He opened the solid wood framed door with a small carving of a mermaid near the center, then the screen and waved me inside.

“I did put this door on the house, though,” Harry said. “I hate the sound of anything hollow.”

“Darlin’, we got compny’ for dinner.”


*                                            *          *


“And I couldn’t leave the cemetery that night; just stuck my body to the warm, moist earth with my ear on a small clump of crab grass…listening. They found me like that two days later. It was a maintenance guy who told me I’d have to dig a hole and climb in if I wanted to die.”

The stew had been Paella, an exotic type of fish soup from Spain, and afterwards there’d been some small talk and home-made wine, but it was the seven-year-old girl, Gillie they called her, who’d gotten me started talking about Ruth.

She was tall and thin, like her daddy, but her olive skin, dark hair and quick, inquisitive eyes had come from her mother, Grace. Like her father, her spirit and mindfulness was disconnected to her age. I had to ask.

“Gillie, that’s an interesting name. I bet you’re about ten or eleven years old.” I’d padded it as a children’s compliment.

“Actually, I’m seven Mr. Cobb. Gillie is from Gilman, a writer mama used to read stories from. She was a kind of, what do you call them Mama? Activates?”

Grace smiled and adjusted the young boy on her breast. She allowed the time lag that seemed to exist in the small living room of the trailer, that existed in the quiet comfort of the space instead of the facelessness of time.

“Try again, honey.”

“Actionist. Activist! That’s it Mr. Cobb. She tried to make the world better for women. All kinds, like married and not married. Are you married, Mr. Cobb?” That’s how it’d started.

I looked at Harry, who sat on a small stool in the corner, fiddling with a piece of wood and a knife, allowing the bigger chairs for his girls and me. He must’ve known some of the story, no doubt, and I did what I could with a glance to get his blessing to tell a sad story to a happy child.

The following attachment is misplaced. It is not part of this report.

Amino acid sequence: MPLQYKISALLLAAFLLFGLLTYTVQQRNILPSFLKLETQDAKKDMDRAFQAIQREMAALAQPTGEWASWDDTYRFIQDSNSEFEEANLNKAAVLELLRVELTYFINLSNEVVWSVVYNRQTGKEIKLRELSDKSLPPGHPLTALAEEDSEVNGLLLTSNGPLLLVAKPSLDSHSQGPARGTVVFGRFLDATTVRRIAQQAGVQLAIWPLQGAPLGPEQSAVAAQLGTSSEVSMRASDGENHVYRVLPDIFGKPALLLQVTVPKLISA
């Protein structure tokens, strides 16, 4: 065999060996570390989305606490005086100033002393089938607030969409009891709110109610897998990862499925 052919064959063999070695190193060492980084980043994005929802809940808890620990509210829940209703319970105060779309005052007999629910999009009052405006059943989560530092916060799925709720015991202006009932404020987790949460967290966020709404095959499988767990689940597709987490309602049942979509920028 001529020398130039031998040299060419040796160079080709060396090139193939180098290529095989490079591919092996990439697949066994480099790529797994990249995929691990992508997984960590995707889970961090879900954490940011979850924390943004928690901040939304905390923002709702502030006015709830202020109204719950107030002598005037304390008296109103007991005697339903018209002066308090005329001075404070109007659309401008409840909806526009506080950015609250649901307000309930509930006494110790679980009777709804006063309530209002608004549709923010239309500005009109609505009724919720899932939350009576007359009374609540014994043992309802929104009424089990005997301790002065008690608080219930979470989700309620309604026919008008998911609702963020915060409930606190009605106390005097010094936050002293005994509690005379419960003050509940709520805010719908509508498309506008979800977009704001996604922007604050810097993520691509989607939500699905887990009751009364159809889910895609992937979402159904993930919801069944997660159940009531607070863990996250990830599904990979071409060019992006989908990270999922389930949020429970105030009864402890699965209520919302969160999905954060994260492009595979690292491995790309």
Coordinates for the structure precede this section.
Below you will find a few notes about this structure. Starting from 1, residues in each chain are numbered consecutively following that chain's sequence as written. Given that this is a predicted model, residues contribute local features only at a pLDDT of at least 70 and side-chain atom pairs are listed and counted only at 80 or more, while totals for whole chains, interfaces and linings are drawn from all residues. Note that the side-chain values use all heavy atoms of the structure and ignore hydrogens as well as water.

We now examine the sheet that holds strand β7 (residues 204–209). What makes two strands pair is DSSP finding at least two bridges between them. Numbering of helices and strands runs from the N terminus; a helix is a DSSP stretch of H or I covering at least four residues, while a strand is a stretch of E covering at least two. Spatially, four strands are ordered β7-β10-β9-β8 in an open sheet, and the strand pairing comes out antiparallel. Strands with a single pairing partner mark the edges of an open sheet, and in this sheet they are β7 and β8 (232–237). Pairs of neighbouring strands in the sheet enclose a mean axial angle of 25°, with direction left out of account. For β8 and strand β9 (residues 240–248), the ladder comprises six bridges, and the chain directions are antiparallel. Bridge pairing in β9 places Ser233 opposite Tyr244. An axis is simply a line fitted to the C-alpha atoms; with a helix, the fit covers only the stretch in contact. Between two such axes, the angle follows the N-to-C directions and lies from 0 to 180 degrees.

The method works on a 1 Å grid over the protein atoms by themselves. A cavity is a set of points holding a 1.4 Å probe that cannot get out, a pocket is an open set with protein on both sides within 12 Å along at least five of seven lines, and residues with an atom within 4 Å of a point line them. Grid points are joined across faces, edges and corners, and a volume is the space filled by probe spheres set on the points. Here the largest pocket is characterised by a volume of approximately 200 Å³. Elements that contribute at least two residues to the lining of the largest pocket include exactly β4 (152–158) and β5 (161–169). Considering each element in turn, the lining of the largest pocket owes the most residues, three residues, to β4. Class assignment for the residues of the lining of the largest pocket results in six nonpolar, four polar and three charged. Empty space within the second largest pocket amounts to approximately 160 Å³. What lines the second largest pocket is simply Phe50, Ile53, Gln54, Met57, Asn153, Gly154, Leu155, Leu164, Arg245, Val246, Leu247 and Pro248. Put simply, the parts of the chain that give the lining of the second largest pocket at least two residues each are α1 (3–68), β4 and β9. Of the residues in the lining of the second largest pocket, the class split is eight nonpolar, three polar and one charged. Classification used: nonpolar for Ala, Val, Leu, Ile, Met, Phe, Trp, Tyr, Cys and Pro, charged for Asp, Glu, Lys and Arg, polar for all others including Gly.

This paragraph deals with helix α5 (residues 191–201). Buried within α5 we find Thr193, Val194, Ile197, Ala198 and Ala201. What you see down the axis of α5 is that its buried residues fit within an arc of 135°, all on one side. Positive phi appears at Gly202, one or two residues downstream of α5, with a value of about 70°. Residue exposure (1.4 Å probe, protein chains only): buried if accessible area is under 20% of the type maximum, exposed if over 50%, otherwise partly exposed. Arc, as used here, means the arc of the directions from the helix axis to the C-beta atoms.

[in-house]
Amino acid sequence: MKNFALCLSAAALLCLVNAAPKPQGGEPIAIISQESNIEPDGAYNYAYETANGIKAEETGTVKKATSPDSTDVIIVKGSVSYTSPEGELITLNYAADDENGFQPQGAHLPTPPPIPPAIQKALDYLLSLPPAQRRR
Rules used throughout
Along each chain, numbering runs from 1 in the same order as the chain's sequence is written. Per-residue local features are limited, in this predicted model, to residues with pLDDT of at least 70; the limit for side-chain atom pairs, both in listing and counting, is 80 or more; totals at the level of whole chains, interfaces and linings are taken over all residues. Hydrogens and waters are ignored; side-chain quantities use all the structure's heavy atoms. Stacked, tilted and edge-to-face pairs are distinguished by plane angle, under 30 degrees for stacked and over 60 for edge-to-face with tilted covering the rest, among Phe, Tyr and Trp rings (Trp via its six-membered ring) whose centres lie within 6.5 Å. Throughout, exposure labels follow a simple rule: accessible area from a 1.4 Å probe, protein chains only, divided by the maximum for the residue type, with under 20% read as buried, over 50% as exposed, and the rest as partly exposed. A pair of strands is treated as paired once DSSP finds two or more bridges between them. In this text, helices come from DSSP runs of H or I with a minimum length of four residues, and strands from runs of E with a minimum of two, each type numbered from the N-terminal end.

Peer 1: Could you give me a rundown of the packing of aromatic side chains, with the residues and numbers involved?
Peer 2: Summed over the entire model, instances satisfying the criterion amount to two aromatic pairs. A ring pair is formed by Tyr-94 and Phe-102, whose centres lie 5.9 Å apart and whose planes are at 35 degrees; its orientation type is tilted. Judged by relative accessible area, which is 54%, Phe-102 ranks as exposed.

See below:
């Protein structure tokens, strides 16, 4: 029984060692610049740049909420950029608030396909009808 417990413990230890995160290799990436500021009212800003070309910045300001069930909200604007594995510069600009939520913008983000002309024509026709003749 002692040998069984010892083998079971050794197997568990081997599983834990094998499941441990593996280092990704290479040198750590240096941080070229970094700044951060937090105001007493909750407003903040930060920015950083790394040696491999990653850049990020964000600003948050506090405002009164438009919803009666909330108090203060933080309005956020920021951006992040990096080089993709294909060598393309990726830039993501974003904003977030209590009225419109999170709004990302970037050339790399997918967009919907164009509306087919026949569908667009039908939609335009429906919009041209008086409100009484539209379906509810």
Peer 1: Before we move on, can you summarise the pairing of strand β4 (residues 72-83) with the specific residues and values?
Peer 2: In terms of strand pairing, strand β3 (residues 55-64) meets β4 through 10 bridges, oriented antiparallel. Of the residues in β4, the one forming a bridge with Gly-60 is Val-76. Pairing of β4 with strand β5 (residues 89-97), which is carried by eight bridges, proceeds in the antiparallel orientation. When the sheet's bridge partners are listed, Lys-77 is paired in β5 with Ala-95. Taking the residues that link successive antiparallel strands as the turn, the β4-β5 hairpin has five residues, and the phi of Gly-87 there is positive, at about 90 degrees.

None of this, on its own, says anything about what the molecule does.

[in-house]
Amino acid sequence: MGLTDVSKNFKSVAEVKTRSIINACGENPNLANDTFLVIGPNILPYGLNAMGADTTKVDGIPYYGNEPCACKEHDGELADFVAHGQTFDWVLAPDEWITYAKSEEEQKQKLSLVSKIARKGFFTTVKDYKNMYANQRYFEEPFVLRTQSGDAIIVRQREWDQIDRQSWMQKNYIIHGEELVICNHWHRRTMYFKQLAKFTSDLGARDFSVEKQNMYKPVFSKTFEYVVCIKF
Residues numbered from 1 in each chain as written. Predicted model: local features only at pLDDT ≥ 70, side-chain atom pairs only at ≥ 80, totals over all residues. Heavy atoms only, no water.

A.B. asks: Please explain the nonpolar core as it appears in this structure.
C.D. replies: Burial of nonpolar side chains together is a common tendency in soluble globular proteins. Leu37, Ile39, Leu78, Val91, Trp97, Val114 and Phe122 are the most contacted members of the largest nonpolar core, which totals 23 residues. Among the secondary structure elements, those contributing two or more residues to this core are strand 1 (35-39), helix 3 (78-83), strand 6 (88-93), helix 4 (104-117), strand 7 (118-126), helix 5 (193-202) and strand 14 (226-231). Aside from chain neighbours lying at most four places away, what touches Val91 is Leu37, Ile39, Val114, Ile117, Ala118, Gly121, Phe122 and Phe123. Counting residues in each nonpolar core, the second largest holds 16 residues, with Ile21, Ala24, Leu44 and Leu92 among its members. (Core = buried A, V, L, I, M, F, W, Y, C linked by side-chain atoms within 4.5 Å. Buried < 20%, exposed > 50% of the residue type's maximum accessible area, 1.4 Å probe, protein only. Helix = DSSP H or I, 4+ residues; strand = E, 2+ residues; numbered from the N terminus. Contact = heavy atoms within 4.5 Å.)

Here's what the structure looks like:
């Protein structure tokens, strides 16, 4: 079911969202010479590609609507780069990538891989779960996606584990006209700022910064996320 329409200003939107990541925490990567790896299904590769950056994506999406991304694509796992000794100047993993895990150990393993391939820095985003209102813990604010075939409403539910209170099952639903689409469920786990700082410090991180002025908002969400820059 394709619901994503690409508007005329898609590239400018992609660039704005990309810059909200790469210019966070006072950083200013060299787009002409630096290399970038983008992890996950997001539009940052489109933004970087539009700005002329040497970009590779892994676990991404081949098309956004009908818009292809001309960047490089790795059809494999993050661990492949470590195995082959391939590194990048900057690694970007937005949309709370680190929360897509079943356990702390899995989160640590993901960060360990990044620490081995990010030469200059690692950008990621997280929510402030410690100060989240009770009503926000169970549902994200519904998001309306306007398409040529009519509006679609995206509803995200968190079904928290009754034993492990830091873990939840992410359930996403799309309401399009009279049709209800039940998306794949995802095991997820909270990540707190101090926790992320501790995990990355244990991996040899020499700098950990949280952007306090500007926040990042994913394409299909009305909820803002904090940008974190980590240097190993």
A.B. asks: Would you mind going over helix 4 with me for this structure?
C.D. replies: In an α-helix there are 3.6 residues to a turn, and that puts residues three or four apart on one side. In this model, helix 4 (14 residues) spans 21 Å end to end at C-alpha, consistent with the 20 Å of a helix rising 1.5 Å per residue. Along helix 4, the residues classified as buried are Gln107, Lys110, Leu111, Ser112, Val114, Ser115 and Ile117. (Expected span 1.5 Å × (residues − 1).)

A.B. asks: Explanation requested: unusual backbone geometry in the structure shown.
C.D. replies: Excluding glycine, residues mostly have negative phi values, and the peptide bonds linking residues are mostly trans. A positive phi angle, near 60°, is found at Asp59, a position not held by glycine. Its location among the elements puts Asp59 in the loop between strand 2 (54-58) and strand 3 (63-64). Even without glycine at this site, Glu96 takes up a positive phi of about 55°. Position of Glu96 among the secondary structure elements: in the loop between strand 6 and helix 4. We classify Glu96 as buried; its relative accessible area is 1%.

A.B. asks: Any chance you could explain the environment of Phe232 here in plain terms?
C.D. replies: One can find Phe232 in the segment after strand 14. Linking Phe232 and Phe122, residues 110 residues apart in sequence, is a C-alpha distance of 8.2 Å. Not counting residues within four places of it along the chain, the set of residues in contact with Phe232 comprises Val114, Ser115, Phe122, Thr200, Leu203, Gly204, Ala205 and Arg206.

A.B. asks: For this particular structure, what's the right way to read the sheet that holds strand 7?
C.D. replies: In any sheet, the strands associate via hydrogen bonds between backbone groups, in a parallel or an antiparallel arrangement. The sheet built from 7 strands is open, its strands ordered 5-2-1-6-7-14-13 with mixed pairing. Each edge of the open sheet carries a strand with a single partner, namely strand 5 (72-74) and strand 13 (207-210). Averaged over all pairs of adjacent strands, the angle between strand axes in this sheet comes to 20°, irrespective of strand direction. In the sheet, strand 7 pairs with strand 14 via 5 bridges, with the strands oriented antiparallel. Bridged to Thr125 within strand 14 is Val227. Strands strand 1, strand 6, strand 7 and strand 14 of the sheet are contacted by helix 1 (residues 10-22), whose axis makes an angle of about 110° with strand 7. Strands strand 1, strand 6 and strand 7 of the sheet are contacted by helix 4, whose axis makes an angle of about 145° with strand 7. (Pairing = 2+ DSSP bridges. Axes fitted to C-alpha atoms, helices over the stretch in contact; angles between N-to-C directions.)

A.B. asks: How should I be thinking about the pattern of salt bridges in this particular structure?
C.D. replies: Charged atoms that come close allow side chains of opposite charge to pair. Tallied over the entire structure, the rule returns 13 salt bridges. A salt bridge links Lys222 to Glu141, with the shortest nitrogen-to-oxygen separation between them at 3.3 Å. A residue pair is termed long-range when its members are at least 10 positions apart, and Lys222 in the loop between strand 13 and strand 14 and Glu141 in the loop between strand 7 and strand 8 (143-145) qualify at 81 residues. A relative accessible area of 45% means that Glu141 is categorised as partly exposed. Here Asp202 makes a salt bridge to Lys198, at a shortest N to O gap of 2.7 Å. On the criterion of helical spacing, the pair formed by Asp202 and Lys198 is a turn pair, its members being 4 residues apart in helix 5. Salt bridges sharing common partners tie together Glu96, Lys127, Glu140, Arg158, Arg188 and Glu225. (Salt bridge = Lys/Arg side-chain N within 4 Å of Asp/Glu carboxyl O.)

Harry nodded and I saw in his eyes for the first time in that softly-lit corner with the three candles still burning on the wooden kitchen table, a kind of rolling down of a thin hood over the filmy iris, like this was the way that Harry protected himself from the tragedies of life. I wondered if Harry was seeing himself in me, Grace in Ruth. Years later I would confirm it time after time, realizing that every human was always looking for himself in others, in work, in mirrors, in the sounds and smells of ordinary everyday life. But mostly in love, especially in love. A man finds himself in the love of another and he knows who he is, exactly. And even at that young moment, I knew that love, same as hurt, comes in through the eyes and moves out the heart. Harry’d just pulled down a thin shade for the telling.

Grace got up to lay the baby in his crib and put on some tea and to give me some time to compose my thoughts. When she poured the tea and sat back down I spoke, lightly at first, but gaining momentum like a big train until I had to back off and let Grace give me a rest.

“Ruth never spoke much with her lips — words just seemed to move around her, like water splitting a river rock. She could, though, speak with other parts of her body: Her eyes when she was hard-thinking, the way she waved her hands when she was excited or reeled them in when all riled up. But the way I figured it, mostly it was her feet that allowed Ruth to communicate the things that mattered to her, that ought to matter to others.

“When she was happy she sprang like a jack-in-the-box, ignoring the gravity of the time that tried so hard to ground-hold our lives. Or deep in her work out in the garden, those feet of hers, rarely shoed, the red soil drawing half moons under her toe nails, would plant themselves, fixed and firm in the moment, but pliable as the tall, thin pines that rimmed the edge of our land north of Mobile.

“And on occasion, when things went bad for her, those feet would carry her deep into the cypress groves and sway grass, the prevailing south easterlies pushing her into the sheen. It was a place that I’d feared as a child, rarely going into that swampy, misted void. But she embraced those shadows, allowing them to swallow her dismay as if the boggy soil could soften her steps and push her back out into the light.

“‘Johnny, someone spit on me in town,’ she might say, as if mentioning that the sky looked like it might rain. And then I’d hear the screen door slam, footsteps on the creaky back porch, I’d know where she was going. It was the same place where I felt that my heart could move darker and deeper into my chest; it was that thick canopy of trees on the edge of the field. I reckon one person’s lock can be another’s key.

“My wife’s feet counted time, marked the moments and the years as human metronomes, beating out a Robert Johnson beat when we heard his records leak out the broken panes of a blues club in town, or they’d note another passing season when a small crack bled from between her wintered-toes. Volumes of text were crafted by those limbs. And I loved all of their sounds. “